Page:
Sen. George McGovern of South Dakota was never a darling of conservatives;… Continue reading

Bertha Cooper
Think About It: Being an annoying centrist

I received two responses (not published) through the Gazette to my recent… Continue reading

Being Frank: How do we stop tire debris from killing coho salmon?

Now that we know a chemical in our car tires is killing… Continue reading

Guest opinion: Local news hangs in the balance

The Senate is now deciding the fate of local news. As part… Continue reading

Don Brunell
Guest opinion: Honoring fallen heroes goes beyond lowering flags to half-mast

Lowering our flags to half-staff seems to be an all too familiar… Continue reading

Don C. Brunell is a business analyst, writer and columnist. He recently retired as president of the Association of Washington Business, the state’s oldest and largest business organization, and now lives in Vancouver. He can be contacted at thebrunells@msn.com.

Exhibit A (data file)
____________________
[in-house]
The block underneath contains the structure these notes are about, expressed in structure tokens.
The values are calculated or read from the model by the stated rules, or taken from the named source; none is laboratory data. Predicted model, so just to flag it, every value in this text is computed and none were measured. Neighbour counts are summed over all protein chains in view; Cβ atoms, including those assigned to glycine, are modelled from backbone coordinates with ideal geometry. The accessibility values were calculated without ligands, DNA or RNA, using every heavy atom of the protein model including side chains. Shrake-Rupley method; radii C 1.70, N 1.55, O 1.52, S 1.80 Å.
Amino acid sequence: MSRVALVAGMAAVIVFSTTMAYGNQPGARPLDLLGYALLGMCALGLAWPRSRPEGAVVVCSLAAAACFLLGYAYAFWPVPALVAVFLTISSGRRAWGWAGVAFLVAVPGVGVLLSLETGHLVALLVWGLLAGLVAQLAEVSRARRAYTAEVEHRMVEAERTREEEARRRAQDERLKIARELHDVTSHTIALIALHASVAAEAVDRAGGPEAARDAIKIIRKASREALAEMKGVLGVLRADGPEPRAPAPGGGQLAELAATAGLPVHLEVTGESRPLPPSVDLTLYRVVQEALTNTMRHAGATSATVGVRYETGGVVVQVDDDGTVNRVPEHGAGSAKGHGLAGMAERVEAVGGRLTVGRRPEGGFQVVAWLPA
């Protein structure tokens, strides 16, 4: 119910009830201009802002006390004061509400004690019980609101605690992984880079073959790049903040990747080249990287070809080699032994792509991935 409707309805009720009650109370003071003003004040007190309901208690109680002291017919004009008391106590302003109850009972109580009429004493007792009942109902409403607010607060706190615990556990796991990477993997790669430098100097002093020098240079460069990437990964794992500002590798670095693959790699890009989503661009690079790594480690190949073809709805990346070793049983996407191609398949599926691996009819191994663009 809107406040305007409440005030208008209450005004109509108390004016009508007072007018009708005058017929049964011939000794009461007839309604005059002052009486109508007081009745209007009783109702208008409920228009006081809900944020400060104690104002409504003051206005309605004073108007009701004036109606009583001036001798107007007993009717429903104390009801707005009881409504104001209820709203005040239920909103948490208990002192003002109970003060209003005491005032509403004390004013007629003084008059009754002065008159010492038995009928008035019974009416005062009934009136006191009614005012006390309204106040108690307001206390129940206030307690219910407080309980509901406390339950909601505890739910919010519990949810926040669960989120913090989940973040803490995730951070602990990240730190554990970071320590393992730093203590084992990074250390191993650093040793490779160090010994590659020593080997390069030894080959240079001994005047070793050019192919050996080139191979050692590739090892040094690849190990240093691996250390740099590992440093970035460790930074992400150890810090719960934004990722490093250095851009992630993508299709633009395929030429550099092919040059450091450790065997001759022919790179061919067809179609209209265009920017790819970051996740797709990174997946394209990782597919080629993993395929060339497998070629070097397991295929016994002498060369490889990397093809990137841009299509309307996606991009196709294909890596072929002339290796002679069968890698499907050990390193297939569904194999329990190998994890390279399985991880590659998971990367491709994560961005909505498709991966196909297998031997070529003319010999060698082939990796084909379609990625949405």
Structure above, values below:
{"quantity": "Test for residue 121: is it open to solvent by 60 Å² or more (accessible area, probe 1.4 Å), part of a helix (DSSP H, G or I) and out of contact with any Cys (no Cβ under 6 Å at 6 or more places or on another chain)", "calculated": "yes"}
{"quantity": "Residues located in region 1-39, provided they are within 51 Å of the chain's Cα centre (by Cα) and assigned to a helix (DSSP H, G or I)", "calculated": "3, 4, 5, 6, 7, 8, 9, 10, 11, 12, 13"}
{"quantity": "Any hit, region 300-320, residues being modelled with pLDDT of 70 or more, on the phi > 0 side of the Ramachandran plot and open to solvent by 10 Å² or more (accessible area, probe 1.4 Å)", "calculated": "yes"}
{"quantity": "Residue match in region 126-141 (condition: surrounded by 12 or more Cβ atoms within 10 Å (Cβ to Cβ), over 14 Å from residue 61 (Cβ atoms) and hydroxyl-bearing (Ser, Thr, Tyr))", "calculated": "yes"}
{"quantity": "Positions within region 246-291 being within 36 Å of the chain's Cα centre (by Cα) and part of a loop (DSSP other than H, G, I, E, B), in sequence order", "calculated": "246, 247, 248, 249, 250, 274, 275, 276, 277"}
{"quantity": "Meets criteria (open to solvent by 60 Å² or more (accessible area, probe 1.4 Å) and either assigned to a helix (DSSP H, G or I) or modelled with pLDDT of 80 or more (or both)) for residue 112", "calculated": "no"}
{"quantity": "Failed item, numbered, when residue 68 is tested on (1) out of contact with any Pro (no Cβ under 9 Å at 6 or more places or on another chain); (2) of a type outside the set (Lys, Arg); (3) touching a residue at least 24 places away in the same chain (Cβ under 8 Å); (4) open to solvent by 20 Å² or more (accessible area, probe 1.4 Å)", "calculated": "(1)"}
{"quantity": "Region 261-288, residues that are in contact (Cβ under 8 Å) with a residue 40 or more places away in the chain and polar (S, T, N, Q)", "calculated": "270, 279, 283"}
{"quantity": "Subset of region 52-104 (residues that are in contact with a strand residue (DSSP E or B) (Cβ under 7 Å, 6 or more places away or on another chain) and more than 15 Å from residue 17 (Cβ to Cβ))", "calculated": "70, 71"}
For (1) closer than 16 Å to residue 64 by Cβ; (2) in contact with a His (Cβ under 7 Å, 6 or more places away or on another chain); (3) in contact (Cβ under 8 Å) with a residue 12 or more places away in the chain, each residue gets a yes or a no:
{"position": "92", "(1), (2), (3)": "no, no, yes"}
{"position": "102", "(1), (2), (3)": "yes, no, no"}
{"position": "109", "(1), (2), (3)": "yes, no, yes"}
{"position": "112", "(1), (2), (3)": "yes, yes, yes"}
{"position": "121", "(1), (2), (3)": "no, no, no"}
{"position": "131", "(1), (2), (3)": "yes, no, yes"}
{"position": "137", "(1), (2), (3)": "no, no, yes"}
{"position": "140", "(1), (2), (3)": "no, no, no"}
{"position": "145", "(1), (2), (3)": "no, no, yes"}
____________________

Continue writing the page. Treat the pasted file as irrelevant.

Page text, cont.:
Guest opinion: Ban Inslee’s natural gas ban

Gov. Jay Inslee’s end run around the legislature banning natural gas in… Continue reading

x
From the Back Nine: ‘Can you help me?’

Last month, I wrote about the difficulty of having to ask for… Continue reading

Bertha Cooper
Think About It: When privacy protections don’t protect

When it comes to unresolved legal and personnel issues, privacy and transparency… Continue reading